The most dramatic differences across types of care occur in rates of infant deaths from violence. Remarkably, no reports of deaths of infants from violence in centers occurred between 1993 and 2003. Deaths from accidents are more evenly distributed across types of care, although centers also have a safety advantage in this area among the youngest children.
Overall, child care centers offer greater safety than care offered in private homes and, in particular, offer a high level of protection against fatalities from violence, with the protection extending even to infants. The safety of infants is striking: Within children’s own families, as well as in types of child care offered in private homes, these are the children at greatest risk of fatalities from abuse or violence.
Risk and the Organization of Child Care
The safety of child care centers does not arise from overall higher-quality care than that offered in family day care or by nannies or babysitters in the child’s home. Researchers find that, on average, center care for infants is of lower quality than that offered in the more intimate modes of care provided in private homes. Centers have organizational features, however, that offer multiple forms of safety protection to children even when the centers themselves do not offer particularly responsive or sensitive care.
Most important, staff members in centers do not work alone. They have others watching them and helping them cope with fussy infants or whining toddlers. This helps them maintain their emotional control. It also helps identify an unstable or volatile worker. Center teachers also have more training than most caregivers in private homes, and they are supervised by professionally trained directors. Finally, centers control access by outsiders more effectively to keep out people who might pose risks.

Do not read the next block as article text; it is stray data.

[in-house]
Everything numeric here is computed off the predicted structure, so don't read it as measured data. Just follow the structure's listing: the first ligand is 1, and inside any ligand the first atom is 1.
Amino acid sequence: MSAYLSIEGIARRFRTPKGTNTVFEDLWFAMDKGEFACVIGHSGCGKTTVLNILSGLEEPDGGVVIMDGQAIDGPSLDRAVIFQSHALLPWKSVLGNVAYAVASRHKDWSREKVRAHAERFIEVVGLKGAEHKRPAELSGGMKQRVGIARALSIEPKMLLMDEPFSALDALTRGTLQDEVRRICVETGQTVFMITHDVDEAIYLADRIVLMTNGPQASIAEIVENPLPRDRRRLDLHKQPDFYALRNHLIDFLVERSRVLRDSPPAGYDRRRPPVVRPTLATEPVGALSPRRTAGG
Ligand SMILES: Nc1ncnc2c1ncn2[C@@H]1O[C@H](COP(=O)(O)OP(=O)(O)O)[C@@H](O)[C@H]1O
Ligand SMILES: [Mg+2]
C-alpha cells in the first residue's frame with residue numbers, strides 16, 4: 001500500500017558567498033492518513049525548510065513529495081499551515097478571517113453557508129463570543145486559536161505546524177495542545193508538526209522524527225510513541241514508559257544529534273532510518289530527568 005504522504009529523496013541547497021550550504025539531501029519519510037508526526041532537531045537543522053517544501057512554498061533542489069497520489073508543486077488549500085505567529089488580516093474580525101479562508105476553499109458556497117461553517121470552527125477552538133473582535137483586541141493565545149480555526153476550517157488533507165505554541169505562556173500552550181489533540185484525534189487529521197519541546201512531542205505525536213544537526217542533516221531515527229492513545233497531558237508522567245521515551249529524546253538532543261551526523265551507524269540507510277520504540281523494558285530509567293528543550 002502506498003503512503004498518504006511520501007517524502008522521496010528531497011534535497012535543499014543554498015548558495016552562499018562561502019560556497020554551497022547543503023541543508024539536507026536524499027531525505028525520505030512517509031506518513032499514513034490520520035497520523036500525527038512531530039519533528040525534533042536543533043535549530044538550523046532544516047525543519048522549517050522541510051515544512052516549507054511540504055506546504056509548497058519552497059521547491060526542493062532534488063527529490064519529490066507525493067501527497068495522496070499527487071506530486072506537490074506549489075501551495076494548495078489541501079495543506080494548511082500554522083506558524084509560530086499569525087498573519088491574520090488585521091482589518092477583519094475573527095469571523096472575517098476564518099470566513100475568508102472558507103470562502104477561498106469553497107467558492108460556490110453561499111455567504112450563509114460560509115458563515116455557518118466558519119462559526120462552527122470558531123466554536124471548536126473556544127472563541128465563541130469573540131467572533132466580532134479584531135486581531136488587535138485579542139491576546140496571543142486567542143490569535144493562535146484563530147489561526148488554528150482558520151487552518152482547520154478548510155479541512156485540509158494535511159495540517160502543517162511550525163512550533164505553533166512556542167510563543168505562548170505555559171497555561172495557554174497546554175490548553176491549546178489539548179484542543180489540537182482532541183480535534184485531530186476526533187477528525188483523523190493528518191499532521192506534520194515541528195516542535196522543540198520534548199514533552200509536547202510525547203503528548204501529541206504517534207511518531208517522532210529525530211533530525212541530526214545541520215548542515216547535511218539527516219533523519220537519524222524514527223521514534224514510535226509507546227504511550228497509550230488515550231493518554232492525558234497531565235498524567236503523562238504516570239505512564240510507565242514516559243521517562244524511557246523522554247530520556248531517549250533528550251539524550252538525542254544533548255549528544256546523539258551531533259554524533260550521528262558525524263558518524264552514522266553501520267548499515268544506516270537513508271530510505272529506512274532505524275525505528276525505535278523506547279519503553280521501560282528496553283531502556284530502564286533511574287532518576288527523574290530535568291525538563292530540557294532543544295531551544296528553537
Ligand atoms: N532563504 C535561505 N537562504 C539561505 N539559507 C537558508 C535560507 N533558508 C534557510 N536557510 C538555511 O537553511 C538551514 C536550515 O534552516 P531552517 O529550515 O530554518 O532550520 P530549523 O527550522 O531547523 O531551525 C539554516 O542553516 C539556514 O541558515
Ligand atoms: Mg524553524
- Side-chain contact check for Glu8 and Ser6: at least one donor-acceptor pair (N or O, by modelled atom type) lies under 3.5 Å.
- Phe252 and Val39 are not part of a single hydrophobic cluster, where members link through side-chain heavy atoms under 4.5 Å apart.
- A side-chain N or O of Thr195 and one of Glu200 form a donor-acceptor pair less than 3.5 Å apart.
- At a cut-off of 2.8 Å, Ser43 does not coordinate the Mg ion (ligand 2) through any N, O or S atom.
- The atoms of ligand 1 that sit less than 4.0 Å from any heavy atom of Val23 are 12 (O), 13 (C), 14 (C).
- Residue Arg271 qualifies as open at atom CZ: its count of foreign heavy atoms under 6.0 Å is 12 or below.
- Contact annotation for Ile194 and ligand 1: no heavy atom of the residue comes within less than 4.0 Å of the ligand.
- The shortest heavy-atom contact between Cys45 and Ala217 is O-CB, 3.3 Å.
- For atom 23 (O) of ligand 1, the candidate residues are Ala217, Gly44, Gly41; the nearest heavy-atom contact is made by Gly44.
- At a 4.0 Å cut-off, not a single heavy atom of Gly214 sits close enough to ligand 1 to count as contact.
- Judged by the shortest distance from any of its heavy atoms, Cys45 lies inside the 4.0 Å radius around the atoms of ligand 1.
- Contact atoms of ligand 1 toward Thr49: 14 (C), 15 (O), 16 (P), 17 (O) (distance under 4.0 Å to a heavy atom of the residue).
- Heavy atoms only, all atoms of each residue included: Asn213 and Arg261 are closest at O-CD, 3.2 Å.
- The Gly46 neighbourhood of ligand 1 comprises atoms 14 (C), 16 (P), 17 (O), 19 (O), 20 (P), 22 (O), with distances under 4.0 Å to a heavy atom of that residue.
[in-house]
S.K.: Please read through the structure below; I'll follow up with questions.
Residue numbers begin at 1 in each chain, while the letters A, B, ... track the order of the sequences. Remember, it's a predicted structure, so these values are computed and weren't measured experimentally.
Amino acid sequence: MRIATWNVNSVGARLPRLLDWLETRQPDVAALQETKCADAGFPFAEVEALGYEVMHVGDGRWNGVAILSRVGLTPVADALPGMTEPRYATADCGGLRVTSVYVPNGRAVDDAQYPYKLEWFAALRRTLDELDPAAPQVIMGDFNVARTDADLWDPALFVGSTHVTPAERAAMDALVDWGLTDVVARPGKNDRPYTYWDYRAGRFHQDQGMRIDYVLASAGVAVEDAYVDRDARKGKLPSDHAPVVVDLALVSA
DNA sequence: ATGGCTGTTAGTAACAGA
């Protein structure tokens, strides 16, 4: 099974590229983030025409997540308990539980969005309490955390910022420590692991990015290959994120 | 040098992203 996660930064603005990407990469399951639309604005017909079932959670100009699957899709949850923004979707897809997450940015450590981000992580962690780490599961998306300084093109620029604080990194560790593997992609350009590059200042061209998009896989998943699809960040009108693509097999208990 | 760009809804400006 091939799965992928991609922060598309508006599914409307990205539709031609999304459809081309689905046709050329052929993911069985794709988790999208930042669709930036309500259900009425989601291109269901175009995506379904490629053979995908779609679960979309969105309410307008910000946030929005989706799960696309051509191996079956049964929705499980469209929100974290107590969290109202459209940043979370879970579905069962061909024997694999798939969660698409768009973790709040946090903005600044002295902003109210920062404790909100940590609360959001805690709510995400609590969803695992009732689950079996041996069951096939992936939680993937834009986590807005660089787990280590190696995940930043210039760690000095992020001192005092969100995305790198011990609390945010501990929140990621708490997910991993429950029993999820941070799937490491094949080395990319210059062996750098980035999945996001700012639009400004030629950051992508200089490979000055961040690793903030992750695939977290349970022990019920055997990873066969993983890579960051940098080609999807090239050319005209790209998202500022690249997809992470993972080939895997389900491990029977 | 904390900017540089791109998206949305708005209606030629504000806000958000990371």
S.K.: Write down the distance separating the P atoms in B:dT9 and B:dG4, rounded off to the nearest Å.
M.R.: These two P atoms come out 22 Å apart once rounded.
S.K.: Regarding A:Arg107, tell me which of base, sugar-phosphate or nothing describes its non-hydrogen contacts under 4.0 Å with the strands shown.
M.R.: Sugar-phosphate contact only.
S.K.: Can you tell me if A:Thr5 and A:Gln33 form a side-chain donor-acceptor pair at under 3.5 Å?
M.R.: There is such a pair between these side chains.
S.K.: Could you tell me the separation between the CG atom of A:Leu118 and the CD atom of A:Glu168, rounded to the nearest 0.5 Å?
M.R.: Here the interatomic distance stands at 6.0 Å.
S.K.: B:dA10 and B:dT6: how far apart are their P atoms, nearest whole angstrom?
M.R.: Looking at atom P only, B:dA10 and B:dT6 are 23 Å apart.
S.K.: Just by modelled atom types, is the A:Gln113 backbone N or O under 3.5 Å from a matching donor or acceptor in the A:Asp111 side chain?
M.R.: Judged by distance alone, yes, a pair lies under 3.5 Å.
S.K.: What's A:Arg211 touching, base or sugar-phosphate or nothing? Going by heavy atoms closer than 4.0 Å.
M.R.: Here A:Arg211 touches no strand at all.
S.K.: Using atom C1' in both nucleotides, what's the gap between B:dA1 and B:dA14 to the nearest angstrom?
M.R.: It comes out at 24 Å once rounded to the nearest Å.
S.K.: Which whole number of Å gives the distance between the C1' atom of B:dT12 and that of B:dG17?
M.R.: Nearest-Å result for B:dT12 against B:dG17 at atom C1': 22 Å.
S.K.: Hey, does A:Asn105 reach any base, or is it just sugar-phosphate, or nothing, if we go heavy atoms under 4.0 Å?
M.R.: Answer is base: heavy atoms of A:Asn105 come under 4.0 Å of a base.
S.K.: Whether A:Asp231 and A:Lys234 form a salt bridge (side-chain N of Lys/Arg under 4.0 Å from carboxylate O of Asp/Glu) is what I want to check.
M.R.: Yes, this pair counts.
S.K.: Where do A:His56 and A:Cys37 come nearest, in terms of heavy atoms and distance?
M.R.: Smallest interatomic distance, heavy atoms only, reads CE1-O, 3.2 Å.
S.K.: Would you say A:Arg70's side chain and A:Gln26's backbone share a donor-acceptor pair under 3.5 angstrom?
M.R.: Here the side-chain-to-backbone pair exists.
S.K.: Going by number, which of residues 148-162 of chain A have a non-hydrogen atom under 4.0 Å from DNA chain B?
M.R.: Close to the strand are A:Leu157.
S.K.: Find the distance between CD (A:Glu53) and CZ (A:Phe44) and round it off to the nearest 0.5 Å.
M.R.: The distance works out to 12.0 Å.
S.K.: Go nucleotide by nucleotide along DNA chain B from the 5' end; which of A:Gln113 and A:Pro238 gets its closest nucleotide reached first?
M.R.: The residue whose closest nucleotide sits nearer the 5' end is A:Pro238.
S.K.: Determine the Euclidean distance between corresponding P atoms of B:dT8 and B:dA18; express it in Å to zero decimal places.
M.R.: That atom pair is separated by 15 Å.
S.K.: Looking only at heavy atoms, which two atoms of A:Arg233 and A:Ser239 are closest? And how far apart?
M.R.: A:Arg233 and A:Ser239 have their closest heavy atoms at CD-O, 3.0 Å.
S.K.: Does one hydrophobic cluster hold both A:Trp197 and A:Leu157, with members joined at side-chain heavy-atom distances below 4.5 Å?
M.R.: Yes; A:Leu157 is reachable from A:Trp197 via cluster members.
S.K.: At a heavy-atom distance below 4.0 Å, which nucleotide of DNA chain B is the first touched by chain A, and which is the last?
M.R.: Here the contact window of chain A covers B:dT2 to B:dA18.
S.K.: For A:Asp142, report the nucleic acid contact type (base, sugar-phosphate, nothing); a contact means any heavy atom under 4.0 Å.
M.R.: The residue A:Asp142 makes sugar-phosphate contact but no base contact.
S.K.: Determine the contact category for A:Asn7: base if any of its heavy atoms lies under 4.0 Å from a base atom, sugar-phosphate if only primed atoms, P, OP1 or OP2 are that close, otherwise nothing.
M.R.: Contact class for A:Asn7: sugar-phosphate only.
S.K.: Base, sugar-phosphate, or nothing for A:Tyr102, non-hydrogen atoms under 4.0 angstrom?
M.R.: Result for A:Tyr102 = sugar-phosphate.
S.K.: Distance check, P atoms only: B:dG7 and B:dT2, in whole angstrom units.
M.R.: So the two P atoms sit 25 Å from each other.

These protections help reduce risks of accidental deaths, such as suffocation and drowning, but they are especially important in preventing violent deaths. Not a single shaken baby fatality occurred in a child care center, whereas 203 happened in private home arrangements. Child care centers are almost completely protective against this impulsive and often lethal form of violence against infants. In types of care offered in private homes, however, it is the single most important mode of death from violence. The stress of an infant crying, in particular, can drive care-givers to impulsive violence. With little professional training, without supervisors or coworkers, and with low earnings for long hours of work, even experienced caregivers can lose control. They can cause serious injuries or death to infants from just 20 seconds of violent shaking. Other members of providers’ households can also shake or otherwise abuse infants when confronted with their crying.